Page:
Chapter 9 CONSTITUTIV RLATIONS FOR LINAR LASTIC SOLIDS Figure 9.1: Hooke memorial window, St. Helen s, Bishopsgate, City of London 211 212 CHAPTR 9. CONSTITUTIV RLATIONS FOR LINAR LASTIC SOLIDS 9.1 Mechanical
More informationTHEME IS FIRST OCCURANCE OF YIELDING THE LIMIT?
CIE309 : PLASTICITY THEME IS FIRST OCCURANCE OF YIELDING THE LIMIT? M M  N N + + σ = σ = + f f BENDING EXTENSION Ir J.W. Welleman page nr 0 kn Normal conditions during the life time WHAT HAPPENS DUE TO
More informationChapter 5 Torsion STRUCTURAL MECHANICS: CE203. Notes are based on Mechanics of Materials: by R. C. Hibbeler, 7th Edition, Pearson
STRUCTURAL MECHANICS: CE203 Chapter 5 Torsion Notes are based on Mechanics of Materials: by R. C. Hibbeler, 7th Edition, Pearson Dr B. Achour & Dr Eng. K. Elkashif Civil Engineering Department, University
More informationBME 207 Introduction to Biomechanics Spring 2017
April 7, 2017 UNIVERSITY OF RHODE ISAND Department of Electrical, Computer and Biomedical Engineering BE 207 Introduction to Biomechanics Spring 2017 Homework 7 Problem 14.3 in the textbook. In addition
More informationExternal Work. When a force F undergoes a displacement dx in the same direction i as the force, the work done is
Structure Analysis I Chapter 9 Deflection Energy Method External Work Energy Method When a force F undergoes a displacement dx in the same direction i as the force, the work done is du e = F dx If the
More informationYoung s modulus. W.E. Bailey, APAM/MSE EN1102
Young s modulus W.E. Bailey, APAM/MSE EN1102 Spring constants Remember k is the spring constant Consider two springs F = k x Figure: Thin wire (d 1 cm) W.E. Bailey, APAM/MSE EN1102 Young s modulus 2 /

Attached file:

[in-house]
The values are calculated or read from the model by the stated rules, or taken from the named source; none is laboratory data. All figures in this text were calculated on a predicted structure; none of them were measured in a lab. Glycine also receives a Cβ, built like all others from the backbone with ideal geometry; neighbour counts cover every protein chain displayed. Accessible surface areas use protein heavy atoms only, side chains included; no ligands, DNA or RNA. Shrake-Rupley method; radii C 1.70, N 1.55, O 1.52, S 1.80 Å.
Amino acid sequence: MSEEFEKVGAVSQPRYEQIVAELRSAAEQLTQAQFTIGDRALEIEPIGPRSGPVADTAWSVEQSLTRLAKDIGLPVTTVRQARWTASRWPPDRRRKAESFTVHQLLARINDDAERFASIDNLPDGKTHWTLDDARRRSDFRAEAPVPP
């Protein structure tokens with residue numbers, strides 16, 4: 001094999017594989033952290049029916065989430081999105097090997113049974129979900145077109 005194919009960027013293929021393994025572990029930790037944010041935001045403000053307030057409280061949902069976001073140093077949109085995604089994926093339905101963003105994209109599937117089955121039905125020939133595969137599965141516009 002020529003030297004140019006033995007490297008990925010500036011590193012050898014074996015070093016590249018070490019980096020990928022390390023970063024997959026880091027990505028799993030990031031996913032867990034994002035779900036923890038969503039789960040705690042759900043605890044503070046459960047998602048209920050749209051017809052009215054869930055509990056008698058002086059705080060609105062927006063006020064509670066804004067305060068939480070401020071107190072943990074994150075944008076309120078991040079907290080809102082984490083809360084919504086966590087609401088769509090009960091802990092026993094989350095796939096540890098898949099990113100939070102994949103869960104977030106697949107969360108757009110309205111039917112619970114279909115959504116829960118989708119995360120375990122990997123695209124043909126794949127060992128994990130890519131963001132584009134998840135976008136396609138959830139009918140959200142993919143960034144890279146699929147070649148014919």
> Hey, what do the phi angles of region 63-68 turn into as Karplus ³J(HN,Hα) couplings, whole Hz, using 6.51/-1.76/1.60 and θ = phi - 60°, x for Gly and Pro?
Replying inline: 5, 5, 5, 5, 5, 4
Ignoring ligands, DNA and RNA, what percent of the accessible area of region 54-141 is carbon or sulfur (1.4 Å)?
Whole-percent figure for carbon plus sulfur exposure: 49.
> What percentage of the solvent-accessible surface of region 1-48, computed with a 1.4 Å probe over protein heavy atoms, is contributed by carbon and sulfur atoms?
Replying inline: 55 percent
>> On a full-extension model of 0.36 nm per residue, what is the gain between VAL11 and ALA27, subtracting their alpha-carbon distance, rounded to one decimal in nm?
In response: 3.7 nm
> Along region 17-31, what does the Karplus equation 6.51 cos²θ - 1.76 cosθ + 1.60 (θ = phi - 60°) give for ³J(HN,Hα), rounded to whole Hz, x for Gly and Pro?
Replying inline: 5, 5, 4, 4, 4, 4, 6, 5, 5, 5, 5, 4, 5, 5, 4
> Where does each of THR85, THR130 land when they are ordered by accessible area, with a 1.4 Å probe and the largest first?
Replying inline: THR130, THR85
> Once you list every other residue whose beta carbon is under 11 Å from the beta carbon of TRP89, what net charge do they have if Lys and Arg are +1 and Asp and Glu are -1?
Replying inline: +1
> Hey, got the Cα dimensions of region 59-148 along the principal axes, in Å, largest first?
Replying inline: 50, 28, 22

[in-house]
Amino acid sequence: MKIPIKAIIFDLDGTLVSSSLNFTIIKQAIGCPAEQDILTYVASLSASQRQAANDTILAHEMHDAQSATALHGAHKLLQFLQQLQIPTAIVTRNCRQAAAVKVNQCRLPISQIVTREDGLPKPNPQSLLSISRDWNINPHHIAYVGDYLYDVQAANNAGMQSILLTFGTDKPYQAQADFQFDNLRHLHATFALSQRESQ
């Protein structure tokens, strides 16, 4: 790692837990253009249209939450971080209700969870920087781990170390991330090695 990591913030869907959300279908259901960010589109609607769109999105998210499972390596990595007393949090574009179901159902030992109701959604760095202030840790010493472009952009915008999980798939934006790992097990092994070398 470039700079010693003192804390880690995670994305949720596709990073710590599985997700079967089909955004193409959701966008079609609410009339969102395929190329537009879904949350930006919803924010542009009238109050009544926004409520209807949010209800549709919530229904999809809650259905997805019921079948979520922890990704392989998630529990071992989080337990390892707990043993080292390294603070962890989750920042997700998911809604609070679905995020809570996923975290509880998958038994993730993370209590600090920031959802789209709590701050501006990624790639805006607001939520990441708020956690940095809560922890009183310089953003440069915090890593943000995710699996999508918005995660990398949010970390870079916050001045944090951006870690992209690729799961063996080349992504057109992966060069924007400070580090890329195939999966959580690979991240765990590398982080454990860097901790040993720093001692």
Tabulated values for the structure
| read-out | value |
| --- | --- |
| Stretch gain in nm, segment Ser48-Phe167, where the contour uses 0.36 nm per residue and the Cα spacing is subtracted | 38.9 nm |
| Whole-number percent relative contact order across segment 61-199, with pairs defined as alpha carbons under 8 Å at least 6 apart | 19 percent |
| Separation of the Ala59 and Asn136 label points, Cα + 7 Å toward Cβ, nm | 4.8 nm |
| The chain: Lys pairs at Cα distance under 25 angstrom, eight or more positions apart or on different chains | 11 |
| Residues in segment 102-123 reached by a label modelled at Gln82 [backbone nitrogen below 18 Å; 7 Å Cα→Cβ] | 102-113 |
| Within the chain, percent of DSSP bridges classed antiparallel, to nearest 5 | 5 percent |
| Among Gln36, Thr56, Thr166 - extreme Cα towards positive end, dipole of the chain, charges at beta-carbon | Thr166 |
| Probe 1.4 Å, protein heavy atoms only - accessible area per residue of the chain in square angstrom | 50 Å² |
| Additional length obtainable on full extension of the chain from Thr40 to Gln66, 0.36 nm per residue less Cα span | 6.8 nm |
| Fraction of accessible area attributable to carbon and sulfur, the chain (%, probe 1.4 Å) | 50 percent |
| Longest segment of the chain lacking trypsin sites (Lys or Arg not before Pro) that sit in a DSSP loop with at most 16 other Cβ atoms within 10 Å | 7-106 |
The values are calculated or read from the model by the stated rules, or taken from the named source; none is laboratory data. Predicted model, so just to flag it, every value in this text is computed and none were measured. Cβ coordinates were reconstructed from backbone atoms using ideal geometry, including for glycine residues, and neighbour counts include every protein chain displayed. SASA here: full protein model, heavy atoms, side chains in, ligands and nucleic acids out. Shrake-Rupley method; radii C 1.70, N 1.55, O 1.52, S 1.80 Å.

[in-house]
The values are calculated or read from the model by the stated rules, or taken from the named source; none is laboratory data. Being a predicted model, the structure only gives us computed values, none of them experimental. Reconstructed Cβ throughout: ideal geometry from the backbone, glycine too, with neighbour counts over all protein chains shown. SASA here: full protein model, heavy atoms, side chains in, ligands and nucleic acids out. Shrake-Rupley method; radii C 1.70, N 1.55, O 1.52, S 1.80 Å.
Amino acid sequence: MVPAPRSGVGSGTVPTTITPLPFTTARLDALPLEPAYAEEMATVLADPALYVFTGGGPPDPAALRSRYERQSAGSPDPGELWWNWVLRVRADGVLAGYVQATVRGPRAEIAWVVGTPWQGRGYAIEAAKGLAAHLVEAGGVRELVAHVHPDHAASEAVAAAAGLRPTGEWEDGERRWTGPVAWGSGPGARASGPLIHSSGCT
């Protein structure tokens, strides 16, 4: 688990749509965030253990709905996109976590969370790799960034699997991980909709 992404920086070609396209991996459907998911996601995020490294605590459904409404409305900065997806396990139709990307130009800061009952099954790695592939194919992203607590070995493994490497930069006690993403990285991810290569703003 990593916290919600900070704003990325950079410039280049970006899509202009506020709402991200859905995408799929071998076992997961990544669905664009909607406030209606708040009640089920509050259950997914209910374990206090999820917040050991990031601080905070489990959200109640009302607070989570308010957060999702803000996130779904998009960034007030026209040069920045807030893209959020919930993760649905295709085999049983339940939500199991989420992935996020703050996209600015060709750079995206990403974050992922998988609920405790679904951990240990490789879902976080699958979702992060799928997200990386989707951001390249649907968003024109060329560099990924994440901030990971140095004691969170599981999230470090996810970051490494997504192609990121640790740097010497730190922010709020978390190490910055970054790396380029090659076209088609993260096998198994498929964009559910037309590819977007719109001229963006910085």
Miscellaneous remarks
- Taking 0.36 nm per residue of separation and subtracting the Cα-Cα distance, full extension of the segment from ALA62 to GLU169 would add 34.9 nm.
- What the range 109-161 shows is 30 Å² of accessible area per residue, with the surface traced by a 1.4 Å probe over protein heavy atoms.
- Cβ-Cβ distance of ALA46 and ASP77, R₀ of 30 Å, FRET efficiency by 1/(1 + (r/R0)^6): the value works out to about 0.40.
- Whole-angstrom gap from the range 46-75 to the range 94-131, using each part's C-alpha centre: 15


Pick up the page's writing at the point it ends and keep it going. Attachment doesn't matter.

More informationTension, Compression, and Shear
01Ch01.qxd 2/10/09 7:32 PM Page 1 1 ension, Compression, and Shear Normal Stress and Strain Problem 1.21 A hollow circular post ABC (see figure) supports a load P 1 7.5 kn acting at the top. A second
More informationMARKS DISTRIBUTION AS PER CHAPTER (QUESTION ASKED IN GTU EXAM) Name Of Chapter. Applications of. Friction. Centroid & Moment.
Introduction Fundamentals of statics Applications of fundamentals of statics Friction Centroid & Moment of inertia Simple Stresses & Strain Stresses in Beam Torsion Principle Stresses DEPARTMENT OF CIVIL
More informationUniaxial Loading: Design for Strength, Stiffness, and Stress Concentrations
Uniaxial Loading: Design for Strength, Stiffness, and Stress Concentrations Lisa Hatcher This overview of design concerning uniaxial loading is meant to supplement theoretical information presented in
More information2014 MECHANICS OF MATERIALS
R10 SET  1 II. Tech I Semester Regular Examinations, March 2014 MEHNIS OF MTERILS (ivil Engineering) Time: 3 hours Max. Marks: 75 nswer any FIVE Questions ll Questions carry Equal Marks ~~~~~~~~~~~~~~~~~~~~~~~~~
More informationFIXED BEAMS IN BENDING
FIXED BEAMS IN BENDING INTRODUCTION Fixed or builtin beams are commonly used in building construction because they possess high rigidity in comparison to simply supported beams. When a simply supported
More informationStatic Equilibrium; Elasticity & Fracture
Static Equilibrium; Elasticity & Fracture The Conditions for Equilibrium Statics is concerned with the calculation of the forces acting on and within structures that are in equilibrium. An object with
More informationb between the angle bracket and the bolts and the average shear stress aver in the bolts. (Disregard friction between the bracket and the column.